Armada (novel)

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Armada
Armada novel cover.jpg
Cover to the first printing
Author Ernest Cline
Country United States
Language English
Genre Science fiction
Publisher Crown
Publication date
July 14, 2015
Media type Print (Hardcover)
Pages 368
ISBN 0804137250

Armada is a science fiction novel by Ernest Cline, published on July 14, 2015 by Crown Publishing Group (a division of Random House).[1][2] The story follows a teenager who plays an online video game about defending against an alien invasion, only to find out that the game is a simulator to prepare him and people around the world for defending against an actual alien invasion.[3]

Wil Wheaton, who narrated the audio book version of Cline's previous novel, Ready Player One, performs the audio book of Armada as well.[4] Plans for a film adaptation are also in process.[3]

Summary[edit]

Zack Lightman glances out his classroom window and spots a UFO that resembles a ship from a video game that he plays every night, a hugely popular online air combat simulator called Armada, in which gamers protect Earth from alien invaders. He is very skilled at the game, having placed in the top ten among millions of users, however in real life, he is just a high school senior with a reputation of having a short fuse and getting into trouble, having fought a bully student Douglas Knotcher in junior high. After getting into a confrontation with Knotcher, Zack leaves school and returns to his home where he looks at some of his late father Xavier's notebook about a conspiracy theory involving pop culture films (Star Wars, Flight of the Navigator, The Last Starfighter), novels (Ender's Game), and video games about alien invasions and military simulations. He works part-time at a video game shop where his boss Ray surprises him with a fancy new controller for Armada as an early graduation gift. He tries it out on one of the new special missions on Armada that involves attacking the home planet of the aliens but the Earth team fails.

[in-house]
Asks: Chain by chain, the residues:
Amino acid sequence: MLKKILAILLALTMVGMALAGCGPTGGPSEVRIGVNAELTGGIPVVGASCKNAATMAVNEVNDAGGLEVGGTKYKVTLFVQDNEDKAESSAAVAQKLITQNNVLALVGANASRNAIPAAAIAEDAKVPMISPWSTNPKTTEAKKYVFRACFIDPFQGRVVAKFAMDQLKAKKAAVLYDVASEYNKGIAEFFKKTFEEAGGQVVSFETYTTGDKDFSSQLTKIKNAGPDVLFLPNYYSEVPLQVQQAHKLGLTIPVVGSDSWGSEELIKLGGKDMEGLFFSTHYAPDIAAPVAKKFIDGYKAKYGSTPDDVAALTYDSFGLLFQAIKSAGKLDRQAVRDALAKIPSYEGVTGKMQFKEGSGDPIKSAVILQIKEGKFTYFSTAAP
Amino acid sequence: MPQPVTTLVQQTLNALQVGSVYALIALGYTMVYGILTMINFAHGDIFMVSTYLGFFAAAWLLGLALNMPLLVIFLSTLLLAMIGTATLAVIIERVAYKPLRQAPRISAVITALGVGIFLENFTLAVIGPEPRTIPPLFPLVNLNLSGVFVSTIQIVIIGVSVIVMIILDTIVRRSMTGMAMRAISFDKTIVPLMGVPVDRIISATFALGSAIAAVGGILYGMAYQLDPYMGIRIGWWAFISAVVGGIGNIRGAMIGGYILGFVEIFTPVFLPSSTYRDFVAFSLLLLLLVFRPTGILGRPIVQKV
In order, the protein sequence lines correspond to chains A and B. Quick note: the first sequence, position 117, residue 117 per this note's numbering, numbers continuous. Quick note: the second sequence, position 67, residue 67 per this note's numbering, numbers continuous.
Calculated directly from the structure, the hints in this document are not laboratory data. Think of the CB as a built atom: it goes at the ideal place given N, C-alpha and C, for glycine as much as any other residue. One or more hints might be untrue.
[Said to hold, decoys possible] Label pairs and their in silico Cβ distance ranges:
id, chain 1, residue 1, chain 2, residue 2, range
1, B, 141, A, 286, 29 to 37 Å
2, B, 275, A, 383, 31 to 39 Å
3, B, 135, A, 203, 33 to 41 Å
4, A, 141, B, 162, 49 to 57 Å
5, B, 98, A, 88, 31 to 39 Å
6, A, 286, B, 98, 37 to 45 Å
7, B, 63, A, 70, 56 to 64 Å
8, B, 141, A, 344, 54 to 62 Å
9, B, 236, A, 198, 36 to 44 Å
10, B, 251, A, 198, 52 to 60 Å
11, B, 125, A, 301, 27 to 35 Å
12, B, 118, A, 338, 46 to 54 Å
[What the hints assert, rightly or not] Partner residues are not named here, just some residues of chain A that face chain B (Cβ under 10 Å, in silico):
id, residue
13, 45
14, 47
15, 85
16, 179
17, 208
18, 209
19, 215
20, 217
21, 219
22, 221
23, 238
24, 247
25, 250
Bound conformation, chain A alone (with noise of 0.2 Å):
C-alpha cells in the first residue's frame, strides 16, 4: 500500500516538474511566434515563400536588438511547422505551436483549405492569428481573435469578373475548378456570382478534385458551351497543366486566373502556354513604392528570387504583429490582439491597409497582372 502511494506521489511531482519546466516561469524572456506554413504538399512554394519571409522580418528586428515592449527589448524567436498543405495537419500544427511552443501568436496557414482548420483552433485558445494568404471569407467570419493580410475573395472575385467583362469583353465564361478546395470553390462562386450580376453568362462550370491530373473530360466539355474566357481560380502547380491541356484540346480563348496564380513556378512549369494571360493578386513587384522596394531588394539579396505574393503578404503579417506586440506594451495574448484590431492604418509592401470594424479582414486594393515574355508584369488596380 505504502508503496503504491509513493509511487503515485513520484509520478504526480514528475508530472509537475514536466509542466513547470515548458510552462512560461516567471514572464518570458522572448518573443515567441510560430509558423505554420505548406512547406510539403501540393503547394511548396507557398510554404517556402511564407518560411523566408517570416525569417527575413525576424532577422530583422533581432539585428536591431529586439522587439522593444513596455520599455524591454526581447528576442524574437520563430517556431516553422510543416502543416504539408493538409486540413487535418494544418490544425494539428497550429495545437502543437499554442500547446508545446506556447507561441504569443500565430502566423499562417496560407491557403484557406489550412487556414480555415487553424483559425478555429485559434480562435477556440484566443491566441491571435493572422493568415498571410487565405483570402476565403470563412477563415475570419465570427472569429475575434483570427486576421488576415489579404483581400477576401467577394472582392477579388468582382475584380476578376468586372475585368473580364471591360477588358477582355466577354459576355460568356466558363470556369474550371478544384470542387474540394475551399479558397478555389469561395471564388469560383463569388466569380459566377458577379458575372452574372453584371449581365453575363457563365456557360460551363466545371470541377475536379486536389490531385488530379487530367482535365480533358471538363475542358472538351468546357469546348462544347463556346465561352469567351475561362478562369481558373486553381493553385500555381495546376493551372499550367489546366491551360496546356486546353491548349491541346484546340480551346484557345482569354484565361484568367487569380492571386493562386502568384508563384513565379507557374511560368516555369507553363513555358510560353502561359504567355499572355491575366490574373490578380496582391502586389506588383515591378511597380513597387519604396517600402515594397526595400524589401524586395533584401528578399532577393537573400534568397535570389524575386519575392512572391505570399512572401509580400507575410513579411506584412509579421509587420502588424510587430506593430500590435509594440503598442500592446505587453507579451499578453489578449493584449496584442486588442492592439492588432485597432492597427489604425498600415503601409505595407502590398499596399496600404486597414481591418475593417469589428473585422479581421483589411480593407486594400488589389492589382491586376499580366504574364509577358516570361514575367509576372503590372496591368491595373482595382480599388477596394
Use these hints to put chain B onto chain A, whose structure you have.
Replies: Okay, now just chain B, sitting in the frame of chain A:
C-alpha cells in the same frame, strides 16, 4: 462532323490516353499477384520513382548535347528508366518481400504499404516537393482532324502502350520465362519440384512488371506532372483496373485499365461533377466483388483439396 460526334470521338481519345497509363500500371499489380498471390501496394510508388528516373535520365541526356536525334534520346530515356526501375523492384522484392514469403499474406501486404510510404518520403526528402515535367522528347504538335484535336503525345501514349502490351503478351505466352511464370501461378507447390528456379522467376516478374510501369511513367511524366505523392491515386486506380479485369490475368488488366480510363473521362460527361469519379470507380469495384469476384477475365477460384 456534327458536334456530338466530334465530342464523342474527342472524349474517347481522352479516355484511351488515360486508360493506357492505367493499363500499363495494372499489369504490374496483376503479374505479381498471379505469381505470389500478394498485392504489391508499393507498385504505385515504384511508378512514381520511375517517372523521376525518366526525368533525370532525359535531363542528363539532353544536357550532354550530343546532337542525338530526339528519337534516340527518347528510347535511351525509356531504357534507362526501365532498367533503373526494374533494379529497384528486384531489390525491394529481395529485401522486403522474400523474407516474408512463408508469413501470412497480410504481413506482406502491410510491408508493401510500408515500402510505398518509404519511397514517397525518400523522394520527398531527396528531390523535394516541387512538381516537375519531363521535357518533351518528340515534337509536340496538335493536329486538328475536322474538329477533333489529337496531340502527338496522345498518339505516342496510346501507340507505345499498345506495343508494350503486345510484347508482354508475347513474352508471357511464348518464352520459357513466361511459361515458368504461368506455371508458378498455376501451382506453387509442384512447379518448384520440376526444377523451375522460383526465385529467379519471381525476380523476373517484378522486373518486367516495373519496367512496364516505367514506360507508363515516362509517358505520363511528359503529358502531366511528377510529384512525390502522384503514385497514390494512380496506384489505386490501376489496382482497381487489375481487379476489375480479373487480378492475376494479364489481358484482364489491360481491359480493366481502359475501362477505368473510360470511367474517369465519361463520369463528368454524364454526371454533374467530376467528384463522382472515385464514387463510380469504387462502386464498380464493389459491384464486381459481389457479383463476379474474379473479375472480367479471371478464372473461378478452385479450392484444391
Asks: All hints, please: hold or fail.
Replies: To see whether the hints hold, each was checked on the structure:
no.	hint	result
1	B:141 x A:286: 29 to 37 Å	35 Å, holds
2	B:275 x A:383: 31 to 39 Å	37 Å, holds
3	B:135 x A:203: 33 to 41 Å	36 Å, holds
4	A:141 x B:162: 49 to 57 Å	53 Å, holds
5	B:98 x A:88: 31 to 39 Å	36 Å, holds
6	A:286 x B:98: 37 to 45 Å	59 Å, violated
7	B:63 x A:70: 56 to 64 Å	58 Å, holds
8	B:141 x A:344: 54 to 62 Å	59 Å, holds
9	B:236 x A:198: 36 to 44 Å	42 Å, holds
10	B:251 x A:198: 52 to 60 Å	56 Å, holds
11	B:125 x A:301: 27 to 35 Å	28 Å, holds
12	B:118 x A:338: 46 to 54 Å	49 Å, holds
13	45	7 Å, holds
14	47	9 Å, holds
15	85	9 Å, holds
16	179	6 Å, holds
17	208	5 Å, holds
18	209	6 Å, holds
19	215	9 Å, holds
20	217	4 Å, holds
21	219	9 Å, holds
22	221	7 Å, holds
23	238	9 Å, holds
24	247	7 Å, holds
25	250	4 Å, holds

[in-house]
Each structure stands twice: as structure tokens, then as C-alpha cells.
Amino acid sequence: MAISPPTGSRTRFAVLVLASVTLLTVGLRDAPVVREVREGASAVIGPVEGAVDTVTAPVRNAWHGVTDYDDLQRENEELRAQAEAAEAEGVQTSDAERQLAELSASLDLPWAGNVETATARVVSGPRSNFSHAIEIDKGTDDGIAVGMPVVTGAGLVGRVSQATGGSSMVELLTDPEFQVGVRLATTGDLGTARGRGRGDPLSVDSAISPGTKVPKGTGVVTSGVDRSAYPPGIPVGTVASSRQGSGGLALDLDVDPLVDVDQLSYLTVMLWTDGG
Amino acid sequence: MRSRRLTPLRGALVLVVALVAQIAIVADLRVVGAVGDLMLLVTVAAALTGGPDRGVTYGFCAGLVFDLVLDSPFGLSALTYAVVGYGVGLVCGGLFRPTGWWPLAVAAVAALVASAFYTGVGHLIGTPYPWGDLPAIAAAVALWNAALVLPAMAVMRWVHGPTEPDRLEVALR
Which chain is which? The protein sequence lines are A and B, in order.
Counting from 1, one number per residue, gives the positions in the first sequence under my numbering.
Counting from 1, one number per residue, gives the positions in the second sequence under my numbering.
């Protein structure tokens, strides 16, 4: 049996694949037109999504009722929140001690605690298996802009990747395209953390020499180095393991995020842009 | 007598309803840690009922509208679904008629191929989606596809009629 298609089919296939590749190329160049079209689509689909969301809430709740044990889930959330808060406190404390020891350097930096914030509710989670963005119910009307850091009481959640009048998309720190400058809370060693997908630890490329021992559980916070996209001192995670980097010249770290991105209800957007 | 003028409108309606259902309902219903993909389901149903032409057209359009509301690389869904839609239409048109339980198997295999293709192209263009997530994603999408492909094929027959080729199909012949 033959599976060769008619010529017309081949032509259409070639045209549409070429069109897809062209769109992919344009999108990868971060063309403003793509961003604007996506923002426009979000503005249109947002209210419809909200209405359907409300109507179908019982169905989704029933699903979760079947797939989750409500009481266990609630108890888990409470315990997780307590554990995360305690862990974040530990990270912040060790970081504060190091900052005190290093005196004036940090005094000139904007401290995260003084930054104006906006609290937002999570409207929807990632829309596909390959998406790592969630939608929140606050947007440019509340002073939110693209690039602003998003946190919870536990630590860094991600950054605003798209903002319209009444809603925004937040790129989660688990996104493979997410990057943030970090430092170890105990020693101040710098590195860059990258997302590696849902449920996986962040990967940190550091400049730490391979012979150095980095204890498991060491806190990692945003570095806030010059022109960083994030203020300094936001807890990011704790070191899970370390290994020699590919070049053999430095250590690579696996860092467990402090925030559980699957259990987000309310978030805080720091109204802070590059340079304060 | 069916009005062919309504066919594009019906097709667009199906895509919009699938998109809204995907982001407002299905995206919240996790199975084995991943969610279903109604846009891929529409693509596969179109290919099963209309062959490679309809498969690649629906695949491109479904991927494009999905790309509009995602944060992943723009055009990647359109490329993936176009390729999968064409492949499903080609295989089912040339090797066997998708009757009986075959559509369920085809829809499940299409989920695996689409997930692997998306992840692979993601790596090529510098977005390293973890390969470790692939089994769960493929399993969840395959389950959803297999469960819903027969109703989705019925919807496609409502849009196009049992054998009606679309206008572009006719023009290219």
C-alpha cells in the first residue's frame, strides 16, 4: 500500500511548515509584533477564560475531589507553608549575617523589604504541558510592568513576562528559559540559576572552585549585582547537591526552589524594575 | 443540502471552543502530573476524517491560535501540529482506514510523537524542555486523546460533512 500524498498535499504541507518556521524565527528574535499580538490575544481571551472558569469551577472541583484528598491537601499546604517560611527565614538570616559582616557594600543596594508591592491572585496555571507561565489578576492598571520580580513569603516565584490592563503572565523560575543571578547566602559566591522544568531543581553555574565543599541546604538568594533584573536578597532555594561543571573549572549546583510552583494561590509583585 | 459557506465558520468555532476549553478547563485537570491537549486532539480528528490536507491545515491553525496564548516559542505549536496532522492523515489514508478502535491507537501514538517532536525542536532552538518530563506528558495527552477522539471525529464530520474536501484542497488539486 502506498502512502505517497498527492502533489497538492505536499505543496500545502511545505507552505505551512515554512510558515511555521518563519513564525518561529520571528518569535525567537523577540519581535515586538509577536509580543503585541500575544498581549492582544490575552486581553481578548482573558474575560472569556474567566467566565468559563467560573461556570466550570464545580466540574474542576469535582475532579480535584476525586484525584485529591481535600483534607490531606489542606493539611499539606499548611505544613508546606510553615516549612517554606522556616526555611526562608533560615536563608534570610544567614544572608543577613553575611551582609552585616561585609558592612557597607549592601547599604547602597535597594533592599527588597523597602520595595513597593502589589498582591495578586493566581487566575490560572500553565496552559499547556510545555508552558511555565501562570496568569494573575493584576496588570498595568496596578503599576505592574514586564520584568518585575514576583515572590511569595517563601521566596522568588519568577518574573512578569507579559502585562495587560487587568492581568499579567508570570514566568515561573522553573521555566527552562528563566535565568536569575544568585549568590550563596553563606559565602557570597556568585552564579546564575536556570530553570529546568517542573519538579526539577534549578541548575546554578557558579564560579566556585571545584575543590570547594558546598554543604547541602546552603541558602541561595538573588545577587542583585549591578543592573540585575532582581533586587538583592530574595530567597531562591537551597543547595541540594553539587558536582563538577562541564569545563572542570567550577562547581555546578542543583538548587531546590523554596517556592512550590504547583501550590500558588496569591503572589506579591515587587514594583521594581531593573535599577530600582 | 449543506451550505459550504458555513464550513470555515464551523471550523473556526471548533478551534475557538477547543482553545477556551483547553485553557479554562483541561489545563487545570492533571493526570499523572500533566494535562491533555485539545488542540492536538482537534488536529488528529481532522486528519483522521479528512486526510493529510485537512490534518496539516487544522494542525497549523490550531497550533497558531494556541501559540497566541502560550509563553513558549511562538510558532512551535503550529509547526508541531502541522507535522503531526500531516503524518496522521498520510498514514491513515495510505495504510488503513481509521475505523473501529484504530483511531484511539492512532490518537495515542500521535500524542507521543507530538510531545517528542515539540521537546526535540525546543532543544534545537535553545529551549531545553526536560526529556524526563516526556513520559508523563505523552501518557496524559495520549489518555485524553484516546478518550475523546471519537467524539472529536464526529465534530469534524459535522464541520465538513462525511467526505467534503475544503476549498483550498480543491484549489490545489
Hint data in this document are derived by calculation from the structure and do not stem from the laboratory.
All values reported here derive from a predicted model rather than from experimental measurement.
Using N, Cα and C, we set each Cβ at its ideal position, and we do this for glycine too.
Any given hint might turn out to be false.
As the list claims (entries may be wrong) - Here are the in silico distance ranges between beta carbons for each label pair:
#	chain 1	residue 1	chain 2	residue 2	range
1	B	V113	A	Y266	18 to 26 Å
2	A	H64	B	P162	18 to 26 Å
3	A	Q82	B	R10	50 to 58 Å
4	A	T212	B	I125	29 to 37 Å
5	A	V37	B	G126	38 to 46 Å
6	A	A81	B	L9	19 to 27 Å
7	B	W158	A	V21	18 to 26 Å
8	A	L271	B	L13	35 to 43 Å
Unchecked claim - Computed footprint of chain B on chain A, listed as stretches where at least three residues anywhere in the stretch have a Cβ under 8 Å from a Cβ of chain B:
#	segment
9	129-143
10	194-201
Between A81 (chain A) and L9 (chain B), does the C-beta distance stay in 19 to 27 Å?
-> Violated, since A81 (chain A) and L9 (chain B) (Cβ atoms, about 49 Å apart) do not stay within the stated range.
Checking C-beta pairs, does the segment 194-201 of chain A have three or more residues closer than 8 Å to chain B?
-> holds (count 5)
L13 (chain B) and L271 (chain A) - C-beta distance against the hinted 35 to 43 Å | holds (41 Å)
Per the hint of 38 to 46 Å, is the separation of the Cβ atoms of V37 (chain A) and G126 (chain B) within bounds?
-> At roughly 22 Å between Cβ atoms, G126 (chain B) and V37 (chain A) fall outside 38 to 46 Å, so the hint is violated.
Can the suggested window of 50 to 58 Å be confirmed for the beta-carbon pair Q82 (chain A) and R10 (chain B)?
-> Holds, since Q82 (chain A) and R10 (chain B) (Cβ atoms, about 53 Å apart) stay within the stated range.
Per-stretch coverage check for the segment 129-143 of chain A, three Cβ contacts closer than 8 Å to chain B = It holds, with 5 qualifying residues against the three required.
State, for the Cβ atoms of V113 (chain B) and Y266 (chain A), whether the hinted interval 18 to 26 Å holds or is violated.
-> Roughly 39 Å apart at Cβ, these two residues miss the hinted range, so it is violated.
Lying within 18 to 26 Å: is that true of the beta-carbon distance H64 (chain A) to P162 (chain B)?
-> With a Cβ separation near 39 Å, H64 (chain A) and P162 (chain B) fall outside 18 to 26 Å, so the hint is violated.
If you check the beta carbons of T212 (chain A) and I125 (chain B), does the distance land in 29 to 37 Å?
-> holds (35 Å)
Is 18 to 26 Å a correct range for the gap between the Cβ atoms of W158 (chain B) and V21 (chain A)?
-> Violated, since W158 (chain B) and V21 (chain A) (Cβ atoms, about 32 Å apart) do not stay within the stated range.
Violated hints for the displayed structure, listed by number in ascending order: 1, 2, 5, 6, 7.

After Knotcher had keyed his car and brings his friends to fight Zack, a shuttlecraft with the Earth Defense Alliance (EDA) logo lands. Ray is one of the passengers, and he invites Zack to join him in a top-secret military facility in Nebraska. There, he learns the EDA is real, that there are actually aliens from Europa planning to invade the planet with ships as shown in the Armada game, and that the EDA had been using Armada to train soldiers to pilot drone ships to protect Earth from the Europans and to identify which gamers would be best for the task. The EDA reveals that the Europans have planned a three-phase full-scale attack in less than eight hours. Shortly after the briefing, the Nebraska base is attacked by a scouting party, during which Zack disobeys orders by chasing down an invading ship that managed to fly into one of the deploying tunnels and self-destructed, causing the loss of several hundred EDA drones. Although Zack is scolded by Admiral Vance for the action, he and other top performing Armada players are deployed to Moon Base Alpha, where he will be reporting to his father Xavier, thought to have died in an explosion when Zack was an infant, but has actually been in the EDA and has been serving as a general as well as the top-ranked Armada player.